__thread, multithread variables


C++Builder keyword extensions


The keyword __thread is used in multithread programs to preserve a unique copy of global and static class variables. Each program thread maintains a private copy of a __thread variable for each thread.

The syntax is Type __thread variable__name. For example

int __thread x;

declares an integer type variable that will be global but private to each thread in the program in which the statement occurs.

Using thread-local variables

The thread function and any of the routines it calls have their own local variables, just like any other C++ routines. These routines also can access any global variables. In fact, global variables provide a powerful mechanism for communicating between threads.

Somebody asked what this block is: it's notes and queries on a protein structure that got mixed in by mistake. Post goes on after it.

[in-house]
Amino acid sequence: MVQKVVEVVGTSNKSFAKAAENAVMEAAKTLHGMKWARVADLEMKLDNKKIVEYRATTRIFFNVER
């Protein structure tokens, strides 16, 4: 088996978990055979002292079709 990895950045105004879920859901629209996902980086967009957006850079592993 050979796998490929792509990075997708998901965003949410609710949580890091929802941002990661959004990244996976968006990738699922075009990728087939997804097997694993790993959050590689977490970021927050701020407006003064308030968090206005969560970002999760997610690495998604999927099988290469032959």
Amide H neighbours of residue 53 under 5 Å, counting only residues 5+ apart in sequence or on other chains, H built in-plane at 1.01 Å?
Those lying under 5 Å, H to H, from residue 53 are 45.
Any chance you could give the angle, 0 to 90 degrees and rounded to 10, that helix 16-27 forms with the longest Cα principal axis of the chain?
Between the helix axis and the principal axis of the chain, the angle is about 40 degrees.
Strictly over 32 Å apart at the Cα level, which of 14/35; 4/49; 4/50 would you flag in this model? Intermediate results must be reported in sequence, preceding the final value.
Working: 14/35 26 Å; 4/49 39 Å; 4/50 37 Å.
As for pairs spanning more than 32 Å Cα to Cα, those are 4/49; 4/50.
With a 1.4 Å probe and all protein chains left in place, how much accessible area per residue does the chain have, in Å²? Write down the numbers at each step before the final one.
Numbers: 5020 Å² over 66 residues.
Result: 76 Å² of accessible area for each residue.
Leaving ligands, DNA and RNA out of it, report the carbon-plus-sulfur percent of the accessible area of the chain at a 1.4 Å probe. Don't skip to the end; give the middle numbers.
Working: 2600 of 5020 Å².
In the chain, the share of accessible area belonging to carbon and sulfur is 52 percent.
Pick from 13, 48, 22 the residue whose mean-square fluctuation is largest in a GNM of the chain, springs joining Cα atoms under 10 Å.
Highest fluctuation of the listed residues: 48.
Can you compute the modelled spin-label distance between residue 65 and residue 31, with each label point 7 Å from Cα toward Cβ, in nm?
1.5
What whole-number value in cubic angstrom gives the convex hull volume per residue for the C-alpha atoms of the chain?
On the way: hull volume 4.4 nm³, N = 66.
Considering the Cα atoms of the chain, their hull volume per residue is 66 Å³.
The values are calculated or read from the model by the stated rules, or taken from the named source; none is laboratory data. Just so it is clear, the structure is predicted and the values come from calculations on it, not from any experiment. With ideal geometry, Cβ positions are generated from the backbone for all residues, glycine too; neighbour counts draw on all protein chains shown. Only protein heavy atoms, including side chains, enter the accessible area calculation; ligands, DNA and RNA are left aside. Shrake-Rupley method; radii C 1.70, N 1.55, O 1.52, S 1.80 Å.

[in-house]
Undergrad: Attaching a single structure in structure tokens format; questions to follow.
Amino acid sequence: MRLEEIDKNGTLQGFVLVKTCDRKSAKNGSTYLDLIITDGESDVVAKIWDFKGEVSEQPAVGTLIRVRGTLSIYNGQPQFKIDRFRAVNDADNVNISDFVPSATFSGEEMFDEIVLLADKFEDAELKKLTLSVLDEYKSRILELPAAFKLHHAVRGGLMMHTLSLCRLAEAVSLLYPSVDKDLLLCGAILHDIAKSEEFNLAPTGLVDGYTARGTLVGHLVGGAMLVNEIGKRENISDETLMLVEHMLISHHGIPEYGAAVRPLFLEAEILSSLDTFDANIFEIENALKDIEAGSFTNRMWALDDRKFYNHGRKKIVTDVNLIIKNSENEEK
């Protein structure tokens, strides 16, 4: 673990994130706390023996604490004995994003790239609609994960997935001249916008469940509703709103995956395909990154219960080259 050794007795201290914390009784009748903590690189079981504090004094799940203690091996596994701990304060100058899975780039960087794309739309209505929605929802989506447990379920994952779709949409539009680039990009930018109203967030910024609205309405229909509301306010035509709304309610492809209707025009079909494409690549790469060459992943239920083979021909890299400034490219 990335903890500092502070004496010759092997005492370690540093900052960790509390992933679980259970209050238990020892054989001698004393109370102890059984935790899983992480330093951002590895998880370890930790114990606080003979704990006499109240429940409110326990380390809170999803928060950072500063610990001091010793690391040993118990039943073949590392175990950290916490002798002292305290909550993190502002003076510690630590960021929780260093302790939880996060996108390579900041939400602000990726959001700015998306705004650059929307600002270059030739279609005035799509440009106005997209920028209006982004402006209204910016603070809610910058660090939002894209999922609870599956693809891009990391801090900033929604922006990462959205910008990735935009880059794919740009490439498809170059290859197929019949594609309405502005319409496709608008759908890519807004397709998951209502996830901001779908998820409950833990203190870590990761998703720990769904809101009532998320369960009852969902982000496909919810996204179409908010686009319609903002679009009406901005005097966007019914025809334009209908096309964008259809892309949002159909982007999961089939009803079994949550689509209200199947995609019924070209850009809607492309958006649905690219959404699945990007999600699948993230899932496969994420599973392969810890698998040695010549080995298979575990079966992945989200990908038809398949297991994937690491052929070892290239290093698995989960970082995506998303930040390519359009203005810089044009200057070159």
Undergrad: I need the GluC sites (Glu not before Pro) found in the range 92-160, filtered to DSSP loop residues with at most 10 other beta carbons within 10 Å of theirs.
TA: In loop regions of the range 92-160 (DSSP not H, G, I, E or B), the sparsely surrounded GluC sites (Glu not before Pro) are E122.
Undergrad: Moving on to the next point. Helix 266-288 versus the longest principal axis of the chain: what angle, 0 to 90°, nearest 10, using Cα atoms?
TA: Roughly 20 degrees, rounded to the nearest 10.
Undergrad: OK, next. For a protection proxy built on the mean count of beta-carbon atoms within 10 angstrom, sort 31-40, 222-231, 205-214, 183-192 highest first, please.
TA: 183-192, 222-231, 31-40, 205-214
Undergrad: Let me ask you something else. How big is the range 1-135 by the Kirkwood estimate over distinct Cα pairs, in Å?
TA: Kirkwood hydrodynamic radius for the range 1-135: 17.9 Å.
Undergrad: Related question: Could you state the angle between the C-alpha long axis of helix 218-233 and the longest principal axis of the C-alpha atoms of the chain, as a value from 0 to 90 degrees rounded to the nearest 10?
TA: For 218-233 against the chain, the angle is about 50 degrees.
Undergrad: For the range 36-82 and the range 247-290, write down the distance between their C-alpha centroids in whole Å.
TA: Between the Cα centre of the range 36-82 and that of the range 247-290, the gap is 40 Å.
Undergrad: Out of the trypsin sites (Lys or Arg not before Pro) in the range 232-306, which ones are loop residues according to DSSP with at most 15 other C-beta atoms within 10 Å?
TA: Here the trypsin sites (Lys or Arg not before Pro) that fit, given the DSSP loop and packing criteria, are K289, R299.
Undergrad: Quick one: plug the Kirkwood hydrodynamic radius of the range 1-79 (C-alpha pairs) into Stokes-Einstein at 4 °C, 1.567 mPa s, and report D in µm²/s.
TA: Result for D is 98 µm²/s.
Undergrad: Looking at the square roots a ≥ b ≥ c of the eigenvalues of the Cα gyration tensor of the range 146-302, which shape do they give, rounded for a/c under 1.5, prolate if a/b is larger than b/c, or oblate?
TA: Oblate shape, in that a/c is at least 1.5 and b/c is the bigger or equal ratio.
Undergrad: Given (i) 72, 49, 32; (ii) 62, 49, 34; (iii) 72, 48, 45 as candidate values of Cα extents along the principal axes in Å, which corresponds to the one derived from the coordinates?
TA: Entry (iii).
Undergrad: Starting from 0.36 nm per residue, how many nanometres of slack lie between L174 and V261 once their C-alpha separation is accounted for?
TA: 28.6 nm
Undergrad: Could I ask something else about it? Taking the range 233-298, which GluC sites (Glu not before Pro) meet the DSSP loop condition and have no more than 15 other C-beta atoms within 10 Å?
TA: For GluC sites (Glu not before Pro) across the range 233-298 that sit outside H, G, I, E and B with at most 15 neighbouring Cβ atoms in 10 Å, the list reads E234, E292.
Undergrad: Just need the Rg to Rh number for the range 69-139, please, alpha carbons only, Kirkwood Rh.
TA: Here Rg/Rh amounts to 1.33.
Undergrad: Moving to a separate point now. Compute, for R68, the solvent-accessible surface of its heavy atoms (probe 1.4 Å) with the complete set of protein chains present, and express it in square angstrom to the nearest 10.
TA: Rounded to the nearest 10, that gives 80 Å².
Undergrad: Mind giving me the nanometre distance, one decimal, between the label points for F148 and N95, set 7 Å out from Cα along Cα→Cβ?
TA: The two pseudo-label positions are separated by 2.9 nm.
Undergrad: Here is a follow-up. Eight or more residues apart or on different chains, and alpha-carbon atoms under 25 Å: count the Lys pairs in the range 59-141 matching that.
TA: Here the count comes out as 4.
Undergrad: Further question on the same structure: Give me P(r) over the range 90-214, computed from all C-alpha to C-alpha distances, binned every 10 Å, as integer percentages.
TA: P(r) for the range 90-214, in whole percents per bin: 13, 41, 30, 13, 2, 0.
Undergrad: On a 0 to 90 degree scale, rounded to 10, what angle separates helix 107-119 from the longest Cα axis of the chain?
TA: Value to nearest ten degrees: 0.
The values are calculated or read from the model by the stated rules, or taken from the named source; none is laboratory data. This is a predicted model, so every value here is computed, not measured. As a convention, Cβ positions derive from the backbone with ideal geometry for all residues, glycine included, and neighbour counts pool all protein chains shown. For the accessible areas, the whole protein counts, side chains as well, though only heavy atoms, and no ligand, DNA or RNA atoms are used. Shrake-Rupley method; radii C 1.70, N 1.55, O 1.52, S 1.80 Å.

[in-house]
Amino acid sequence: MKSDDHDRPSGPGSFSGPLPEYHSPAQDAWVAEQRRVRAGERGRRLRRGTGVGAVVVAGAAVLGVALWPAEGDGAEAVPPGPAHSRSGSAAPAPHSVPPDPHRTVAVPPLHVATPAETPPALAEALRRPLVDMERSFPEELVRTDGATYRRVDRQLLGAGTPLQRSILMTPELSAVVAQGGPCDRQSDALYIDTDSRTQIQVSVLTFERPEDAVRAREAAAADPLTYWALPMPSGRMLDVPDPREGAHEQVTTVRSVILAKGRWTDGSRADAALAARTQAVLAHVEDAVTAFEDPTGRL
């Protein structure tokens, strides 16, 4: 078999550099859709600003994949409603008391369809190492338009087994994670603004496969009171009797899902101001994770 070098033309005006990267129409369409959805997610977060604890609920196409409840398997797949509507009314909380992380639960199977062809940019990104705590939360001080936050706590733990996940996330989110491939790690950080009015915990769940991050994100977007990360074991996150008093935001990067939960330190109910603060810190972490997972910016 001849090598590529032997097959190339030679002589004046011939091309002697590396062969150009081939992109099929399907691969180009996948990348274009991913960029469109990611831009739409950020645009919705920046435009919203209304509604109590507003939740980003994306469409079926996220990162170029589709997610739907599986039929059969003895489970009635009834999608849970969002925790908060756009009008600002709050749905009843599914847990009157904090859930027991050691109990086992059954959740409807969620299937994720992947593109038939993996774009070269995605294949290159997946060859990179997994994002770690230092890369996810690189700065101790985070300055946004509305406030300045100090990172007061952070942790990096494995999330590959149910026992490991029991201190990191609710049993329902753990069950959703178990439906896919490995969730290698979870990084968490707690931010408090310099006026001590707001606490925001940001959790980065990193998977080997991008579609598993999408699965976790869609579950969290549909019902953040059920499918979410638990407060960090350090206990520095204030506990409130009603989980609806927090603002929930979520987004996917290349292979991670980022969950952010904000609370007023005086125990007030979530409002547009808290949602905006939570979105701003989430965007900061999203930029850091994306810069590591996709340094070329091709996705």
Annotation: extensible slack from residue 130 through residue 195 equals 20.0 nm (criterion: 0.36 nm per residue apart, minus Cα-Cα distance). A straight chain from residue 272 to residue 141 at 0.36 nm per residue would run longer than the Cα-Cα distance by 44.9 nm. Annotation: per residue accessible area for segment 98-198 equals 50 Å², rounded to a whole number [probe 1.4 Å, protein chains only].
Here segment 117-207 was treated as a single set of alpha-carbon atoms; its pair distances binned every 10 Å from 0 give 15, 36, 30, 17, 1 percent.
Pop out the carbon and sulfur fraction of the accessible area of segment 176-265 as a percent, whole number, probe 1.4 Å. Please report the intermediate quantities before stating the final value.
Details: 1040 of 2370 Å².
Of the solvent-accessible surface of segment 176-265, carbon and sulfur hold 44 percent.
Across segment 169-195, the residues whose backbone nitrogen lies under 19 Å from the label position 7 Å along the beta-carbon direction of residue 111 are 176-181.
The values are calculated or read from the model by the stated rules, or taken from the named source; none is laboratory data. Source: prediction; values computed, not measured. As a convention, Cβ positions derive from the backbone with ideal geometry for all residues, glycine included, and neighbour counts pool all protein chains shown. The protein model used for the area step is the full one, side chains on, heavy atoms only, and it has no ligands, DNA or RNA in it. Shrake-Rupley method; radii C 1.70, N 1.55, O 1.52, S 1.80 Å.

Sometimes, however, you may want to use variables that are global to all the routines running in your thread, but not shared with other instances of the same thread class. You can do this by declaring thread-local variables. Make a variable thread-local by adding the __thread modifier to the variable declaration. For example,

int __thread x;

declares an integer type variable that is private to each thread in the application, but global within each thread.

The __thread modifier can only be used for global (file-scope) and static variables. Pointer and Function variables can’t be thread variables. Types that use copy-on-write semantics, such as AnsiStrings don’t work as thread variables either. A program element that requires runtime initialization or runtime finalization cannot be declared to be a __thread type.

The following declarations require runtime initialization and are therefore illegal.

int f( );

int __thread x = f( ); // illegal

Instantiation of a class with a user-defined constructor or destructor requires runtime initialization and is therefore illegal:

class X {

X( );
~X( );
X __thread myclass; // illegal


  1. Very useful material


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